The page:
When Google's 905 accepted students officially begin coding on May 28th, 137 mentoring open-source projects will be given a serious influx of labor. As in 2005 and 2006, Google will be paying each of these university students $4500 to act as pro-tempore developers for the scores of participating open source projects. The projects are given $500 for each student they take on and mentor. Google is spending more than four million dollars on the program this year, and significant contributions are expected for projects ranging from Ubuntu and Mozilla to scientific endeavors.
The Google Summer of Code 2007 reached the second major milestone in its program timeline on April 11th by posting accepted student applications. This follows the announcement of accepted mentoring organizations and the simultaneous commencement of the student application period, the first major milestone, on March 14th.
For more information about the Summer of Code's motivation, evolution, logistics, finances, and success, the Linux Weekly News turned to Google's Open Source Program Coordinator Leslie Hawthorn:
LWN: What prompted Google to found the annual Summer of Code in 2005? What were the initial goals of the project, from Google's perspective?
Hawthorn: We were looking for a way to provide students studying computer science and IT another set of opportunities to work in their field of academic study over the summer. We were also hoping to introduce more students to open source development, as well as to increase the number of open source developers in general. Of course, the great by-product of all of these goals is that more open source code is available to everyone.
LWN: Were there any complaints or controversies from past Summers of Code that prompted logistical changes for the 2007?
Hawthorn: We'll always be working to improve the program. Payments were an area of difficulty in 2005, and also last year, though much less so. This year we're introducing a whole new method of payments which we hope will mean that disbursements go more smoothly.
We also heard from many of our students and mentors that there simply wasn't enough time during the program for students to come up to speed and get their code written, debugged and integrated back into the code base. We've reworked the timeline substantially this year and added in two months of "community bonding" to help with the time crunch.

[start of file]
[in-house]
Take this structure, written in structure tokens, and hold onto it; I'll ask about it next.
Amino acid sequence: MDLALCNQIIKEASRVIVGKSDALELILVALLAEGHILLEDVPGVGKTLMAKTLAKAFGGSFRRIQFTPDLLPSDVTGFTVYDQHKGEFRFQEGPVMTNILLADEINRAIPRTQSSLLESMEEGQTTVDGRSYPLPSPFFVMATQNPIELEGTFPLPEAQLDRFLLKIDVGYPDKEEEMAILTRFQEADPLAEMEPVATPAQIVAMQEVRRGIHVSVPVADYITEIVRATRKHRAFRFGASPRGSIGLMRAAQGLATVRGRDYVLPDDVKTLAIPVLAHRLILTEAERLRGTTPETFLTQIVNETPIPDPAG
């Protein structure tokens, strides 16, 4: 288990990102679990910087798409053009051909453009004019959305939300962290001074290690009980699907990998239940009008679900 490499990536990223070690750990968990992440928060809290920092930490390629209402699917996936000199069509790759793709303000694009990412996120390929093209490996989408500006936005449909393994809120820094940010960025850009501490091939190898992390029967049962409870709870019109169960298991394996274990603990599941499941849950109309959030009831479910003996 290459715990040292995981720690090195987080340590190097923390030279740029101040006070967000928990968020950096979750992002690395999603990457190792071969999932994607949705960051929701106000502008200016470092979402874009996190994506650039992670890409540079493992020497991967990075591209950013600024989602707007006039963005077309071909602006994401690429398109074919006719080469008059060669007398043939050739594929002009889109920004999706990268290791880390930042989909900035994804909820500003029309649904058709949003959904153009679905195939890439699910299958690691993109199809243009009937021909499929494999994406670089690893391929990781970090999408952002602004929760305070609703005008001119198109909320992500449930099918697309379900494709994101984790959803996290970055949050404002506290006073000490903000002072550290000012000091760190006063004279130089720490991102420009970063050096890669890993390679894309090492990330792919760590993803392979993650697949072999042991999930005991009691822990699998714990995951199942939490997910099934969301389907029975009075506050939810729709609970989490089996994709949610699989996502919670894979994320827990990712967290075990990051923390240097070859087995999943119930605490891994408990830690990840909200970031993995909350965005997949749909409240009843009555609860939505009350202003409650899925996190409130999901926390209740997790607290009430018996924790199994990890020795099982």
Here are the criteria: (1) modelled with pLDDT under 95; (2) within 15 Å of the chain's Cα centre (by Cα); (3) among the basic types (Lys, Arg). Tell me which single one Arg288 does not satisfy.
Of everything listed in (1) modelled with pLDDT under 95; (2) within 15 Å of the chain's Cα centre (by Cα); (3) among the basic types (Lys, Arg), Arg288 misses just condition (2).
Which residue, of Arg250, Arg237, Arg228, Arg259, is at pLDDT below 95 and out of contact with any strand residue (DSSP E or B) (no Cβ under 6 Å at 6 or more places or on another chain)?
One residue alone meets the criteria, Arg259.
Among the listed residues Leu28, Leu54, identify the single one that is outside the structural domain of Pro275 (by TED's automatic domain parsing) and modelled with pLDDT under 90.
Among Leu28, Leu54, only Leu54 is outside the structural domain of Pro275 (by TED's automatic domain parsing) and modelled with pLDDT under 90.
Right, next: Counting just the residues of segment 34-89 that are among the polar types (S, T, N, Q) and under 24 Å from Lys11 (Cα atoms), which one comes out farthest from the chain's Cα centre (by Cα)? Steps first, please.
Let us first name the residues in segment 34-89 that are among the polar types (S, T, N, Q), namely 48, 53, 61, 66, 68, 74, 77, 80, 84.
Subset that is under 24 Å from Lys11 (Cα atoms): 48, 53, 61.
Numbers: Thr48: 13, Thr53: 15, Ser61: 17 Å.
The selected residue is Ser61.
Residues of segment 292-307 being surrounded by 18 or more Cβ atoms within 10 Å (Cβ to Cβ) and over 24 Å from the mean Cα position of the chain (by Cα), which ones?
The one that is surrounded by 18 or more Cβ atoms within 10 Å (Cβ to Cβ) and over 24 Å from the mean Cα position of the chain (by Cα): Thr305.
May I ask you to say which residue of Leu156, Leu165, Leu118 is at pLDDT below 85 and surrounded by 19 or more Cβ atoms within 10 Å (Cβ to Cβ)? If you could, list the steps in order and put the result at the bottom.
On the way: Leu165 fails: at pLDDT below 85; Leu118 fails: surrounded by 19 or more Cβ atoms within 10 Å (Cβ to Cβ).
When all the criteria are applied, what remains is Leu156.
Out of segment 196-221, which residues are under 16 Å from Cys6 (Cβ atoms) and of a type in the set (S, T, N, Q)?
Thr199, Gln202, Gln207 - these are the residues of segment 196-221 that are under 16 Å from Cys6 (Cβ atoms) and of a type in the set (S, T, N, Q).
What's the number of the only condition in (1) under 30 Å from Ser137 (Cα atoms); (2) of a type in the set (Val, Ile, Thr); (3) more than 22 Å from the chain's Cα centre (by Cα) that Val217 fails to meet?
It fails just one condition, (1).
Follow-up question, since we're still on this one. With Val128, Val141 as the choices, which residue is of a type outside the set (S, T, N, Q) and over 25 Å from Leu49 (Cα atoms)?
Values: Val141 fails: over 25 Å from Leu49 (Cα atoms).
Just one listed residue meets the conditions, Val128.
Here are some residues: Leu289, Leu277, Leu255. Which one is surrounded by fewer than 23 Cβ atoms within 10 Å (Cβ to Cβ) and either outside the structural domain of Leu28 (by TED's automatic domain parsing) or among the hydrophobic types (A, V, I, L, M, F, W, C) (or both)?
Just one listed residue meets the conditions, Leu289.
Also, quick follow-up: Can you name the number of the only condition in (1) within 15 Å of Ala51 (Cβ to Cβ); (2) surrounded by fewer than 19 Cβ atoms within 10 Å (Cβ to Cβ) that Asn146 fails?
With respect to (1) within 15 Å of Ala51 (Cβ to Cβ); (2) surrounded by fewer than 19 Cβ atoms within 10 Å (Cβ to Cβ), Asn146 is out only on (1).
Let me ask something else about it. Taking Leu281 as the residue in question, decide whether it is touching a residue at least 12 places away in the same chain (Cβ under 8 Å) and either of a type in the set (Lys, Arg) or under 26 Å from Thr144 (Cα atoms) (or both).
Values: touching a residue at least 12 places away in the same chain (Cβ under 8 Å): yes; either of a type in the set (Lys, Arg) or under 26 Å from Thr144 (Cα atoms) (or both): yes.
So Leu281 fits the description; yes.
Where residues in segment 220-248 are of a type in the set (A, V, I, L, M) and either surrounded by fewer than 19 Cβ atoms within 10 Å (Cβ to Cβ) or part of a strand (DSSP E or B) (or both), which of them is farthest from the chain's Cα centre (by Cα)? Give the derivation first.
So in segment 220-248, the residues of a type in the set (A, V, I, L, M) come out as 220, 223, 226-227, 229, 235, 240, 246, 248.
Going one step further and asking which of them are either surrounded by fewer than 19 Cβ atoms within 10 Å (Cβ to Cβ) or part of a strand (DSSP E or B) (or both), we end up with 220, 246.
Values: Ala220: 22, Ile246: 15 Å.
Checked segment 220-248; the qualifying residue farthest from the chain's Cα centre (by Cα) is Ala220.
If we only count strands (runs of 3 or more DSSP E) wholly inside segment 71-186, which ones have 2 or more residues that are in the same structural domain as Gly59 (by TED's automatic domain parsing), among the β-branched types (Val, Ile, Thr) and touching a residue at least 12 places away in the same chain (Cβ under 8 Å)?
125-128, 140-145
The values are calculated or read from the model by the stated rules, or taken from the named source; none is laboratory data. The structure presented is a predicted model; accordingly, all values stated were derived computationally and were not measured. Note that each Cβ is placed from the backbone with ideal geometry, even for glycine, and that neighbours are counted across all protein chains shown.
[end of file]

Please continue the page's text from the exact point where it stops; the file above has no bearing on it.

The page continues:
LWN: According to a 2006 article by the Internet News, about thirty percent of students continued to work with their mentoring organization after the completion of their Summer of Code 2005 project. Are you pleased with that retention rate? What could be done or has been done to improve it?
Hawthorn: We're pleased, but we'd be ecstatic if that percentage were even higher. We're hoping the community-bonding period will encourage more students to stick around after the program ends.
LWN: Google was only able to accept less than half of the mentoring organizations which applied this year. What criteria did you use to differentiate and select these organizations?
Hawthorn: We based our decisions on several factors, but the major area was an organization's Ideas list: Did it look like a set of reasonable goals for students? Did the projects look interesting? Did the organization's Ideas list look well-organized and clearly written?
LWN: How does Google benefit from accepting mentoring organizations such as the Robert H. Lurie Comprehensive Cancer Center of Northwestern University, which seemingly have little or no relevance to Google's business?
Hawthorn: We take orgs from a wide variety of technology spaces. We benefit in the same way the rest of the world benefits: by having more code produced for everyone to use.
LWN: Both mentors and students are required to submit evaluations which Google uses to determine whether or not the participants successfully completed their project and deserve payment. What questions are on these evaluation forms? What factors does Google use to determine whether or not payment is deserved?
Hawthorn: The questions are newly determined each year. While Google makes the final determination on whether a student receives payment or not, in almost all cases we go with the mentor's judgment call. (We have not determined the questions yet for this year.)
LWN: Can you estimate the success rate in past Summers of code based on these evaluation forms?
Hawthorn: We had 89% of students pass their final evaluations for the 2005 program, and 82% for the 2006 program.
LWN: What is Google's overall budget for the Summer of Code? How has this budget increased since 2005?
Hawthorn: Our stipends budget has increased $1M each year; in 2005, we awarded $2M and in 2006 we awarded $3M. This year, our funding will increase to $4M. Our overall program costs behind the scenes will increase somewhat year by year, but not notably so.